Captain William Jackman, A Newfoundland Hero

DESCRIPTION: "The fierce winds blow among the cliffs Of rugged Labrador." Jackman is on the beach in a snowstorm and hears cries from a wreck on a reef "some hundred fathoms from shore." He swims to the wreck 27 times and rescues all on board.
AUTHOR: unknown
EARLIEST DATE: 1904 (Murphy, Songs of Our Land, Old Home Week Souvenir); supposedly published 1889
KEYWORDS: rescue storm wreck recitation
HISTORICAL REFERENCES:
1837-1877 - Life of William Jackman
Oct 9, 1867 - The Loon/Sea Clipper wreck
FOUND IN: Canada(Newf)
REFERENCES (6 citations):
Greenleaf/Mansfield 145, "Captain William Jackman, A Newfoundland Hero" (1 text)
Ryan/Small, pp. 29-31, "A Newfoundland Hero" (1 text)
Doyle4, pp. 85-86, "Captain William Jackman -- A Newfoundland Hero" (1 text)
ADDITIONAL: James Murphy, compiler/publisher, "(Old Colony Song Book: Newfoundland)," James Murphy, 1904 (available from the Memorial University of Newfoundland web site; the cover is missing, but I suspect it is a copy of "Songs of Our Land"), p. 44, "A Newfoundland Hero" (1 text)
James Murphy, compiler, _Songs & Ballads of Terra Nova_, Evening Telegram publishing, 1903 (available from the Memorial University of Newfoundland web site), p. 76, "A Newfoundland Hero" (1 text)
Captain Joseph Prim and Mike McCarthy, _The Angry Seas: Shipwrecks on the Coast of Labrador_, Jesperson Publishing, 1999, pp. 30-32, "A Newfoundland Hero" (1 text)

ST GrMa145 (Partial)
Roud #6349
NOTES [1973 words]: The site for the Captain William Jackman Memorial Hospital in Labrador City states "On October 9, 1867, during the worst storm of the decade, two ships collided. The Loon quickly sank and The Sea Clipper was able to save the passengers and crew of the smaller ship. Soon the strong gales drove the injured ship into a reef near Spotted Island, Labrador. Twenty-seven people on-board were in peril of their lives.
Captain Jackman was visiting the island and as [he] and his host went for an evening walk, they noticed the troubled ship. Few people knew how to swim in that day; however, Jackman was an avid swimmer. He made 27 trips through the cold October waters and each time brought a survivor to shore. The storm had claimed 42 ships and 40 lives; however, all were saved from The Sea Clipper because of the exploits of Captain Jackman."
Greenleaf/Mansfield has the date as October 29, 1866 and notes that Jackman's "health was broken. Queen Victoria sent him a medal." [The Dictionary of Canadian Biography notes that Jackman, born in 1837, died at the age of 39. - RBW]
The October 9, 1867 date is confirmed by Northern Shipwrecks Database 2002. - BS
Chafe, p. 32, says, "He was one of the famous seal killers of his day, and a brother of Captain Arthur Jackman. He will always be remembered for his great exploit at Labrador in the terrific gale of October 9, 1867, when so many vessels were lost. He rescued 27 men, women and children by his own exertions swimming ashore with him through the surf." Ryan, p. 495, adds that he was the brother of the famous sealing captain Arthur Jackman (for whom see "The Old Polina" and "Sealer's Song (I)"); that he was born in Renews, and that he first commanded the sealing steamer Hawk in 1867 and held his last command in the Eagle in 1876 (for the Eagle, see "The Ice-Floes").
Apparently it was common to refer to him as "Jackman the Hero" (DictNewfLabrador, p. 174).
Although Jackman made a dozen sealing voyages in his life, he apparently thought of himself primarily as a cod fisherman (Droge, p. 111).
Droge's book Jackman: The courage of Captain William Jackman, one of Newfoundland's greatest heroes is officially listed as fiction. Droge says that he did real research but then filled in some gaps with his own imagination (Droge, p. 12). It is certainly not entirely accurate, e.g. on p. 119 it says that the first sealing steamer Jackman commanded was the Hawke in 1862. But Chafe, p. 92, says that his first steamer was the Hawk (no "e") in 1867. Nonetheless Droge was the basis of the entry on pp. 76-81 of ButlerHanrahan. So it would seem that there is no reliable source for Jackman's exploits. I've quoted Droge only when he seems to be in non-fiction mode.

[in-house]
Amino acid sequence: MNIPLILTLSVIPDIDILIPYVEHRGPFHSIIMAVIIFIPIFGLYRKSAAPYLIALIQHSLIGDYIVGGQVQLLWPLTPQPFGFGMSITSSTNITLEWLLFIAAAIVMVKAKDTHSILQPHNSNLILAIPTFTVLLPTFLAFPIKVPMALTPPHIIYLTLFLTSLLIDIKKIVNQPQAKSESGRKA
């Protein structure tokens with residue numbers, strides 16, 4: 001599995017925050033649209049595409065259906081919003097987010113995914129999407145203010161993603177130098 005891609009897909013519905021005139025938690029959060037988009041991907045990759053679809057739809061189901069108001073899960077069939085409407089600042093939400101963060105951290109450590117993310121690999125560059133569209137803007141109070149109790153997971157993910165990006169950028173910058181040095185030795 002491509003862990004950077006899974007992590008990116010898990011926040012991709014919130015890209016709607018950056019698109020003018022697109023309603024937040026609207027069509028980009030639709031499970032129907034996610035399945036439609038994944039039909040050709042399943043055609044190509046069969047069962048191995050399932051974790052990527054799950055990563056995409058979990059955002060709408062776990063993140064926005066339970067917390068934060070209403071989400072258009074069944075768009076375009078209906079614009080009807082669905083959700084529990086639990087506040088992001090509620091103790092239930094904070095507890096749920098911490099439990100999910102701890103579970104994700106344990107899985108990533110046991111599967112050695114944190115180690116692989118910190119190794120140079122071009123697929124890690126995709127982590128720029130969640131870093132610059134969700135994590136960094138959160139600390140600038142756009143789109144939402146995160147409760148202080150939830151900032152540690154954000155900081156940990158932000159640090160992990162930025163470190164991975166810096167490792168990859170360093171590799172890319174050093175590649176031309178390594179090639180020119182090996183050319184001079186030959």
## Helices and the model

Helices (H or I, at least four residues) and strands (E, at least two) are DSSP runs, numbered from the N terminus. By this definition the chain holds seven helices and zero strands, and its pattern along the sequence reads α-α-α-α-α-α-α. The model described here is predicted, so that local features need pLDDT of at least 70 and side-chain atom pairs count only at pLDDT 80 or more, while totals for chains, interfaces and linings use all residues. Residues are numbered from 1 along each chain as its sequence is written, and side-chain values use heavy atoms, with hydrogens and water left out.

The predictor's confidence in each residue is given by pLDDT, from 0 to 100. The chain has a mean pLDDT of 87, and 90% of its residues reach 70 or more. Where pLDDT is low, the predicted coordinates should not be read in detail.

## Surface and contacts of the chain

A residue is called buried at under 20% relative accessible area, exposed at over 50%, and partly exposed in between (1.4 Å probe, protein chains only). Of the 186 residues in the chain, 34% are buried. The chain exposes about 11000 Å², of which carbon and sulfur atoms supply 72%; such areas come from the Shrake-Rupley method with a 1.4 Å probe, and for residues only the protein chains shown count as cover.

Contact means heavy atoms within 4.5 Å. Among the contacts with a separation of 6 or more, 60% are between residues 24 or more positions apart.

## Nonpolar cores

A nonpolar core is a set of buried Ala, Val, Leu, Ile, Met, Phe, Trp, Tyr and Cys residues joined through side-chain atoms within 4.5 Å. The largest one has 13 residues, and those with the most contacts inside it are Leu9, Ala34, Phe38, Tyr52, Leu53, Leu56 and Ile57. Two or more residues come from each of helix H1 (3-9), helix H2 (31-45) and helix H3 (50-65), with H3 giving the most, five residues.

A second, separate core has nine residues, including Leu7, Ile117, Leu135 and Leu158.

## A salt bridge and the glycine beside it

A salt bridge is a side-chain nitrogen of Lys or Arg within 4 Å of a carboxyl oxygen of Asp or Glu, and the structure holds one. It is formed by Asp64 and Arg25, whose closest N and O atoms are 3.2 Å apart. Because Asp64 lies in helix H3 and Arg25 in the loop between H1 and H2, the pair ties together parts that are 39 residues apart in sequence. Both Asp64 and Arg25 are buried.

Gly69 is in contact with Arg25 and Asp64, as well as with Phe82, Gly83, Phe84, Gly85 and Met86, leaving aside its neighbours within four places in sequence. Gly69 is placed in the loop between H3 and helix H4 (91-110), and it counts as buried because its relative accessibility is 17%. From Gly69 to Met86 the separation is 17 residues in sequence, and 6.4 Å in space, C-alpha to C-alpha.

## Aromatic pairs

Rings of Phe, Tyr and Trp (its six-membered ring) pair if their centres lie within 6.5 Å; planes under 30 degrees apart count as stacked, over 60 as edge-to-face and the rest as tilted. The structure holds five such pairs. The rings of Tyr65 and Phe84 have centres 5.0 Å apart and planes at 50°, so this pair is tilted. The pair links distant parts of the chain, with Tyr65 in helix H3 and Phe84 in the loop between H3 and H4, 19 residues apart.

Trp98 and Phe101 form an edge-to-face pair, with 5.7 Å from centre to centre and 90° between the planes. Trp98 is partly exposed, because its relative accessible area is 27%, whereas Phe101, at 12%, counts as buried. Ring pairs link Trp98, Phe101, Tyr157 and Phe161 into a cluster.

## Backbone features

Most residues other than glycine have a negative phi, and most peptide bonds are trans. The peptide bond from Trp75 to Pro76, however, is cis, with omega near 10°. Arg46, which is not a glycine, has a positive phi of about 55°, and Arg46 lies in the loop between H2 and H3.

Jackman was said to have sprung from an old Newfoundland family that first came to the island in 1637. A William Jackman and his wife had been shipwrecked near Renews in 1637; William the Hero was said to be their sixth generation descendant (Droge, p. 39). Johanna Jackman, the wife of the first William, was supposed to have been the first schoolteacher in all of Newfoundland; she and her husband made an addition to their house where she would teach any children who would come (Droge, p. 41).
This sounds awfully folkloric, but supposedly Thomas Jackman, the father of William and Arthur, personally built his first vessel, a small schooner (Droge, p. 41), and did well enough that he was able to buy a much bigger ship, which he renamed Fanny Bloomer; she became famous under that name (Droge, p. 44).
There are other elements in this story which make Jackman seem more like a romance hero than a real human being. For instance, Droge, p. 116ff., has his sealing party involved in a disaster that resembled a small-scale version of the future Greenland and Newfoundland Disasters. Droge, p. 102, claims Jackman obtained his Master's certificate before he turned nineteen, making him one of the youngest men to attain that honor. Yet the photo on the same page shows a certificate dated August 1868, when Jackman was 31. And Jackman was said to be a friend of the Innu of Labrador (Droge, p. 106) at a time when few were. He frankly sounds too good to be true.
There is some dispute about the name of the ship that sank after the wreck described in this song; the modern sources I have read call her the Sea Clipper, but early sources sometimes called her theSea Slipper. (On p. 137, Droge prints a newspaper account that, in the space of one paragraph, calls her the Sea Slipper and the Sea Skipper! Greene, p. 291, quotes a letter to a newspaper: "A vessel called the Sea Slipper had struck on a reef near the Spotted Islands, Labrador. She had been in collision with another schooner, and sank near Indian Tickle, taking on board her crew and passengers. It was between noon and one o'clock when the Sea Slipper struck the fatal reef, the hurricane blowing at its full from the north-west....")